Editorials and Features
Article by: MrCHUPON
RANT: Uncle Sam, Can I Play BMX XXX? [Written 2004-01-07]
"Video games are bad for you?" asked Shigeru Miyamoto. "That's what they said about rock and roll."
Oh so true. And yet I find myself staring at games such as the Grand Theft Auto series, Manhunt, and BMX XXX on shelves. Certainly, these games can't be good for you.
But let's take Grand Theft Auto. While I'm not going to stand here and tell you I'd let my son play this title before he was of age (if I had a son, at this point, anyhow), I will go and say it's a very good game. So the developers decided to weave an adult themed story around a great core engine. Big deal.
Actually it can be. The key words here are "adult themed." I believe that adult themed games are, well, meant for adults. How can you possibly expect your ten year old brother or sister to fully understand prostitution, drugs, and hit-and-runs in the real world -- and the severity of said issues -- when they spend free time sitting in front of the boob tube, learning about them from a videogame and thusly thinking it's all in good fun? I know kids grow up fast these days and more and more "mature" things are being adopted into youth culture. Still, it would be irresponsible to expose kids to the things portrayed in GTA and Manhunt considering the entertainment-based medium they originate from. They're playing a game for crying out loud, don't you think the negative association with such material may be dampened just a bit?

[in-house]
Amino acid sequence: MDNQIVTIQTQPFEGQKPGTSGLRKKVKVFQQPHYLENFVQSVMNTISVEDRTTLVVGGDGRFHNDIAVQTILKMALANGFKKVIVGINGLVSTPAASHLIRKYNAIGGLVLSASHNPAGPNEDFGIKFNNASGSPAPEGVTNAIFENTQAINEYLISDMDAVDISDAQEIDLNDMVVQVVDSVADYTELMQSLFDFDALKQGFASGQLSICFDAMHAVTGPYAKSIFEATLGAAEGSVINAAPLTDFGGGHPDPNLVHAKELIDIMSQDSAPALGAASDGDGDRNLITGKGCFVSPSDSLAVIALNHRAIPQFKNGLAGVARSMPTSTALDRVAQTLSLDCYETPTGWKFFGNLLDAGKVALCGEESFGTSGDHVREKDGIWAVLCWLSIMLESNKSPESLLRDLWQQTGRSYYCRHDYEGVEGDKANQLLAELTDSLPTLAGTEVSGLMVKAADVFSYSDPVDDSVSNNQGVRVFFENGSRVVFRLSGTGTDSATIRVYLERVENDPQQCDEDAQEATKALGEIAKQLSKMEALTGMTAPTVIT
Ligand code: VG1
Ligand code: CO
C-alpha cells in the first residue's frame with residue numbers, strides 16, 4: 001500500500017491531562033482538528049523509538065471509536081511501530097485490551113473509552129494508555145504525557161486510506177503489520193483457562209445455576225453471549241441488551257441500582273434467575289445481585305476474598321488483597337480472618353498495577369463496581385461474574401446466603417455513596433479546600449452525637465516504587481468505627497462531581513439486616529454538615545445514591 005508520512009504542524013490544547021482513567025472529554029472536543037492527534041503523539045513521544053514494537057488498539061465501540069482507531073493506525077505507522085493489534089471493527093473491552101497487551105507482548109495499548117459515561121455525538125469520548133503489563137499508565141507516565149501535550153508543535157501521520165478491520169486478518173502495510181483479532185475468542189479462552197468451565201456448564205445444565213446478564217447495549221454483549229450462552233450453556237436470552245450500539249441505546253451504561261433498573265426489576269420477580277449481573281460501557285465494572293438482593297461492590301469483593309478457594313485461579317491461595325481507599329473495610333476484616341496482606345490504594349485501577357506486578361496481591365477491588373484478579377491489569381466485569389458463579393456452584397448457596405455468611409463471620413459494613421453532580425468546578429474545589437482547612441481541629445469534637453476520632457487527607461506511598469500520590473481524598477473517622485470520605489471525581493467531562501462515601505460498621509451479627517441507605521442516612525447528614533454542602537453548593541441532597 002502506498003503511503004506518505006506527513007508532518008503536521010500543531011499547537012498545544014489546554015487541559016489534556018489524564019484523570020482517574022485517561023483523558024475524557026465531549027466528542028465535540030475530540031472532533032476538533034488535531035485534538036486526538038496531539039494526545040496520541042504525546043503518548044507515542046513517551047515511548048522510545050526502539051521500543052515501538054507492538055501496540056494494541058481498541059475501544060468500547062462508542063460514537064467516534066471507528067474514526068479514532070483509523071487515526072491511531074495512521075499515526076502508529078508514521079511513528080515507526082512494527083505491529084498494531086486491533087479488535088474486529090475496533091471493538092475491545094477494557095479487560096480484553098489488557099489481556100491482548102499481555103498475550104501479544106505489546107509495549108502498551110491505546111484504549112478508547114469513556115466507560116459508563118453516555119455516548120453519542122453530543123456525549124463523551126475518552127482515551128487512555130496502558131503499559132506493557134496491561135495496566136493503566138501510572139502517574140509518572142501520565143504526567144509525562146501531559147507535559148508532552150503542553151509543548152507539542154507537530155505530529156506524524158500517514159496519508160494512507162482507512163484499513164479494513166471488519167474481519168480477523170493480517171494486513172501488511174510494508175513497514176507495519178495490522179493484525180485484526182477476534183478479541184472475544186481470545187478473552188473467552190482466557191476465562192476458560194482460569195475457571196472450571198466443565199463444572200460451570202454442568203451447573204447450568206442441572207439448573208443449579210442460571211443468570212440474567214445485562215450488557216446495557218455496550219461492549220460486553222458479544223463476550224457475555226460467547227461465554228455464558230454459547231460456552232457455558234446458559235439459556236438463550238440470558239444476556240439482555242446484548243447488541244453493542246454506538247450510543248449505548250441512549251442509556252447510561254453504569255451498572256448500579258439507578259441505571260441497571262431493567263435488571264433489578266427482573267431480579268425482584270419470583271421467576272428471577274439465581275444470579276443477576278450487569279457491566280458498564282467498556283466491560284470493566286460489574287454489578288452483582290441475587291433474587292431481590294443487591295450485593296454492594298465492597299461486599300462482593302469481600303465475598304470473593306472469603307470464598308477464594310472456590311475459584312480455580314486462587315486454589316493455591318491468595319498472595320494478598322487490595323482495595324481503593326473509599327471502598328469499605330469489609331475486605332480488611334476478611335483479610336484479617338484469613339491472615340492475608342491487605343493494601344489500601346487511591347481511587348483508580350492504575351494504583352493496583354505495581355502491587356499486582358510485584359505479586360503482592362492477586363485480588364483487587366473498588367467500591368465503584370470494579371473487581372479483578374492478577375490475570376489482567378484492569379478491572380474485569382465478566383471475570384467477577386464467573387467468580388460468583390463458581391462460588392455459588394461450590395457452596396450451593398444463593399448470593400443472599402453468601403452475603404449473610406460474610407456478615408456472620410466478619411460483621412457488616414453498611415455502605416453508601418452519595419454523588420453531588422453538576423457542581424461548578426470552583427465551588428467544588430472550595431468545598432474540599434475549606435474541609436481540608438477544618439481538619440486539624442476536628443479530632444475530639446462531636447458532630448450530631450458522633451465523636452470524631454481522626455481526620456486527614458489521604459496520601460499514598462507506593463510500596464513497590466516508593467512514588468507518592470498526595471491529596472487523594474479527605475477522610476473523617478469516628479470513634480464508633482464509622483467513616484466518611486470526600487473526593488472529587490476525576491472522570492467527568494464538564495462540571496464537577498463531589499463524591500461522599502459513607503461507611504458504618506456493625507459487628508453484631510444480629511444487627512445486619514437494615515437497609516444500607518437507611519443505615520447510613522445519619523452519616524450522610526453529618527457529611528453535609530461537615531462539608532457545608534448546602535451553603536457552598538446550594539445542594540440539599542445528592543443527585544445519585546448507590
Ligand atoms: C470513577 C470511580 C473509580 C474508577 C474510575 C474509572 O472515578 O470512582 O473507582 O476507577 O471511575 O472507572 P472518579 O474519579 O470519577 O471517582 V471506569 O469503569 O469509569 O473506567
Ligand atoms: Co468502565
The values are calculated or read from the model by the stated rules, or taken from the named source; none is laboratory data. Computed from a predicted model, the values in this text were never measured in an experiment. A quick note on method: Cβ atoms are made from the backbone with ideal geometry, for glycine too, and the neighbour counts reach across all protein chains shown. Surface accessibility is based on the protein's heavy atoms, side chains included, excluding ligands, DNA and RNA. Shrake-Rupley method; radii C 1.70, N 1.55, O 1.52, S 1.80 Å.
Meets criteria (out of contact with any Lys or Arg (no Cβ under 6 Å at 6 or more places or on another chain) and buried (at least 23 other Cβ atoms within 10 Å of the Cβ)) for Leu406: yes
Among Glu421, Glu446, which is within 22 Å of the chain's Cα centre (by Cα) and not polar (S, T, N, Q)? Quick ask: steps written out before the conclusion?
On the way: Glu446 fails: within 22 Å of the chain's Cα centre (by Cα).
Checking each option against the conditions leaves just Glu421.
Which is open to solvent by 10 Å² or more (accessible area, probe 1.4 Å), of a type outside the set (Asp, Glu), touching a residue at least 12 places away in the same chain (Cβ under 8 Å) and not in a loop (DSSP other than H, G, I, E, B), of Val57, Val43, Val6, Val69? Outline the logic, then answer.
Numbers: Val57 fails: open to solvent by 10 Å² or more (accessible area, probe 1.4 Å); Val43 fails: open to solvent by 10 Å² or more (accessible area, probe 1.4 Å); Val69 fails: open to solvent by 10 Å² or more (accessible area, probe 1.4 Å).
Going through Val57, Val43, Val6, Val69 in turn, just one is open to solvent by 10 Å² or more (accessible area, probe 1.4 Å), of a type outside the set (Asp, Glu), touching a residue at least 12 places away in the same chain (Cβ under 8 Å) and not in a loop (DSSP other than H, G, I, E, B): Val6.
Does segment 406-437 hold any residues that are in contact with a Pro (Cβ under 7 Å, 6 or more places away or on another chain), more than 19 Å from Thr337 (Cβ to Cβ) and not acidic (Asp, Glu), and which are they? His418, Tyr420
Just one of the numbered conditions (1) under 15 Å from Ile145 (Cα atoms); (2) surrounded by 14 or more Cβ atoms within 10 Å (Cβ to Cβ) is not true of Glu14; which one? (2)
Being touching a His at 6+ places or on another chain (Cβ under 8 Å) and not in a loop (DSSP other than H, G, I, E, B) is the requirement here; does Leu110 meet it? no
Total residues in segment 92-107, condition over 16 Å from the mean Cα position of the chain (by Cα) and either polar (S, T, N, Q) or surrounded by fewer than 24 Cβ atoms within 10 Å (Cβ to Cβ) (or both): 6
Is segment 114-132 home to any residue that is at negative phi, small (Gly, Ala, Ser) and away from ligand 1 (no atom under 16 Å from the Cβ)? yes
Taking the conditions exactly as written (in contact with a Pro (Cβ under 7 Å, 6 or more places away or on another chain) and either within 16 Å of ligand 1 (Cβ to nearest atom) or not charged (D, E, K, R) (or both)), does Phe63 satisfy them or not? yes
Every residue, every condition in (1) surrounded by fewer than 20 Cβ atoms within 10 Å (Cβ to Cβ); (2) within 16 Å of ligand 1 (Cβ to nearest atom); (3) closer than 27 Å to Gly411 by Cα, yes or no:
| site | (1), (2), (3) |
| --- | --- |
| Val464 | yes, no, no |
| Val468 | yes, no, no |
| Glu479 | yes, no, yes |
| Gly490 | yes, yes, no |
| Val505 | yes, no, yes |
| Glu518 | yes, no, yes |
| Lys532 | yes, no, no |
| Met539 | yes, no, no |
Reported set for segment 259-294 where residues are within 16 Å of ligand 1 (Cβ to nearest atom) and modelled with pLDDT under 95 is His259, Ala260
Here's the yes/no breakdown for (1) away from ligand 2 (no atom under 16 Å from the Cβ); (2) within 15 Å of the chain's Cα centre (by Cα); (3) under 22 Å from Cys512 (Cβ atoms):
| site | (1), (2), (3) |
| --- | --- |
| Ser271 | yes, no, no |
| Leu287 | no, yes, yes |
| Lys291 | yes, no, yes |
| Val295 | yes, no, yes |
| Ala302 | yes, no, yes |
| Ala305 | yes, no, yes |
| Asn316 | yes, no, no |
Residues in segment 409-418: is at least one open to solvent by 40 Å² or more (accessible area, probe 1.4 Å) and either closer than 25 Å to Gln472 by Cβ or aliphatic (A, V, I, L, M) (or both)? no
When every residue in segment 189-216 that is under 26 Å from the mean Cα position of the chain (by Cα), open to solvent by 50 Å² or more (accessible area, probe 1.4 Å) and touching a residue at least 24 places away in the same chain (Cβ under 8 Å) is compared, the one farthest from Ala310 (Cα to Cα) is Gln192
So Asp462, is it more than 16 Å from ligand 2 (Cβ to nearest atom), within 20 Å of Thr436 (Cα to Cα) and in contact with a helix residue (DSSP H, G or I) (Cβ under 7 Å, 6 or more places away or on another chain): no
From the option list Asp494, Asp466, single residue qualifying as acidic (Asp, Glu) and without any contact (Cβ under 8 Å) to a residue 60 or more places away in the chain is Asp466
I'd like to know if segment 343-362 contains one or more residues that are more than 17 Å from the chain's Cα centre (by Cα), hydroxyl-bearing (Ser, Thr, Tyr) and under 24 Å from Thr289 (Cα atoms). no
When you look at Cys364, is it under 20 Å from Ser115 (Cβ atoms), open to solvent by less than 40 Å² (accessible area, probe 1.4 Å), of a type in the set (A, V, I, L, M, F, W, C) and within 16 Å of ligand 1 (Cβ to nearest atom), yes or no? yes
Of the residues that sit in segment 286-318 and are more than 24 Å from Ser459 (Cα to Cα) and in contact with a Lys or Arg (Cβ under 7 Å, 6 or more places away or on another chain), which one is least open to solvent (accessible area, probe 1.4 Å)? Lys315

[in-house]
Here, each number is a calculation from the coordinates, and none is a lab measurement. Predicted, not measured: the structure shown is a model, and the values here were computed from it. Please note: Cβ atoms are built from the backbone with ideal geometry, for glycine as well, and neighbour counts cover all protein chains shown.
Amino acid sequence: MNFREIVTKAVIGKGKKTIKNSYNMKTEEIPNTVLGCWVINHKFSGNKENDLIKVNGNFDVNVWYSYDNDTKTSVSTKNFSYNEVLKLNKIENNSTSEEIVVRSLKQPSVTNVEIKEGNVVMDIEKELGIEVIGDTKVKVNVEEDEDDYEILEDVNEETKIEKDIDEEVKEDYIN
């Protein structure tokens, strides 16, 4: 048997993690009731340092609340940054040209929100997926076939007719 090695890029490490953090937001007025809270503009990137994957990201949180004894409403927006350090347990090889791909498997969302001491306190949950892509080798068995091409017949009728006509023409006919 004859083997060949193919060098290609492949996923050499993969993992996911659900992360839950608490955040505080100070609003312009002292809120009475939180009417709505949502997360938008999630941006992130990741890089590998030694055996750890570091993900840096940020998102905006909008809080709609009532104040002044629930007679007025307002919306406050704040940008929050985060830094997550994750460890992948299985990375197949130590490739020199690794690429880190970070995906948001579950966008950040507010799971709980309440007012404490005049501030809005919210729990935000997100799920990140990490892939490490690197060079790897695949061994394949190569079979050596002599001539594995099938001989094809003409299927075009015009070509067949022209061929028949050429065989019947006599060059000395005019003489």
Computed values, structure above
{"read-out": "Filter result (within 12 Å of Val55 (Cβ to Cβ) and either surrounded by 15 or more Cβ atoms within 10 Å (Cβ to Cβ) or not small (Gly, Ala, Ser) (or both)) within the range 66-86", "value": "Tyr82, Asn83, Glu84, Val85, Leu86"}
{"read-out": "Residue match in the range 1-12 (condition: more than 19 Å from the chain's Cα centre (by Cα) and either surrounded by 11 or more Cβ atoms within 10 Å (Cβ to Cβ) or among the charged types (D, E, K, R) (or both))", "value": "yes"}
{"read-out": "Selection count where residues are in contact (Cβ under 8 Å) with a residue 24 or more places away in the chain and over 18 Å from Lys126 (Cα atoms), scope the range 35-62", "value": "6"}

You could do one, or two, of two things: you could protect them from such games, or you could educate them to the best of your abilities on how to distinguish reality from a simple game. Preferrably both.
Unless you don't really care for what your kid perceives as reality, and what is acceptable in reality. Unless you don't really care about your kid.
This rant is inspired by the California bills passed by Assemblyman Doctor Reverend Lord Leland Yee Uber Duper Esq., bills which Entertainment Software Association prez Douglas Lowenstein (he's one bad shut yo mouth!) calls unconstitutional.
Take a gander at what the article writes about these bills (I found it on Planet Gamecube.) Here is the core of the two bills:
"Yee's second measure would force retailers to display M-rated video games at least five feet above floor level to keep them out of sight of young children."
Then proceed to claw your eyes out. Then rinse off the blood and finish the rest of this rant.
Alright, I'm not going to lie here -- I honestly believe that something must be done to, in fact, keep BMX XXX out of little Bobby's hands. But wait -- labeling games as harmful matter? What exactly do they mean by that?
-Dr. Rev. Lord Leland Yee, Esq. Etc. Yadda
Alright, bad example regarding BMX XXX -- it is basically pornography. But guns? Tobacco? Alcohol? Hold UP. Slow your damn ROLL. Outside of using the GTA:VC disc to slit someone's throat (ooh, maybe I should sensor that, it might give little Janey an idea!), tell me how that game is going to directly cause a death. I can see it now.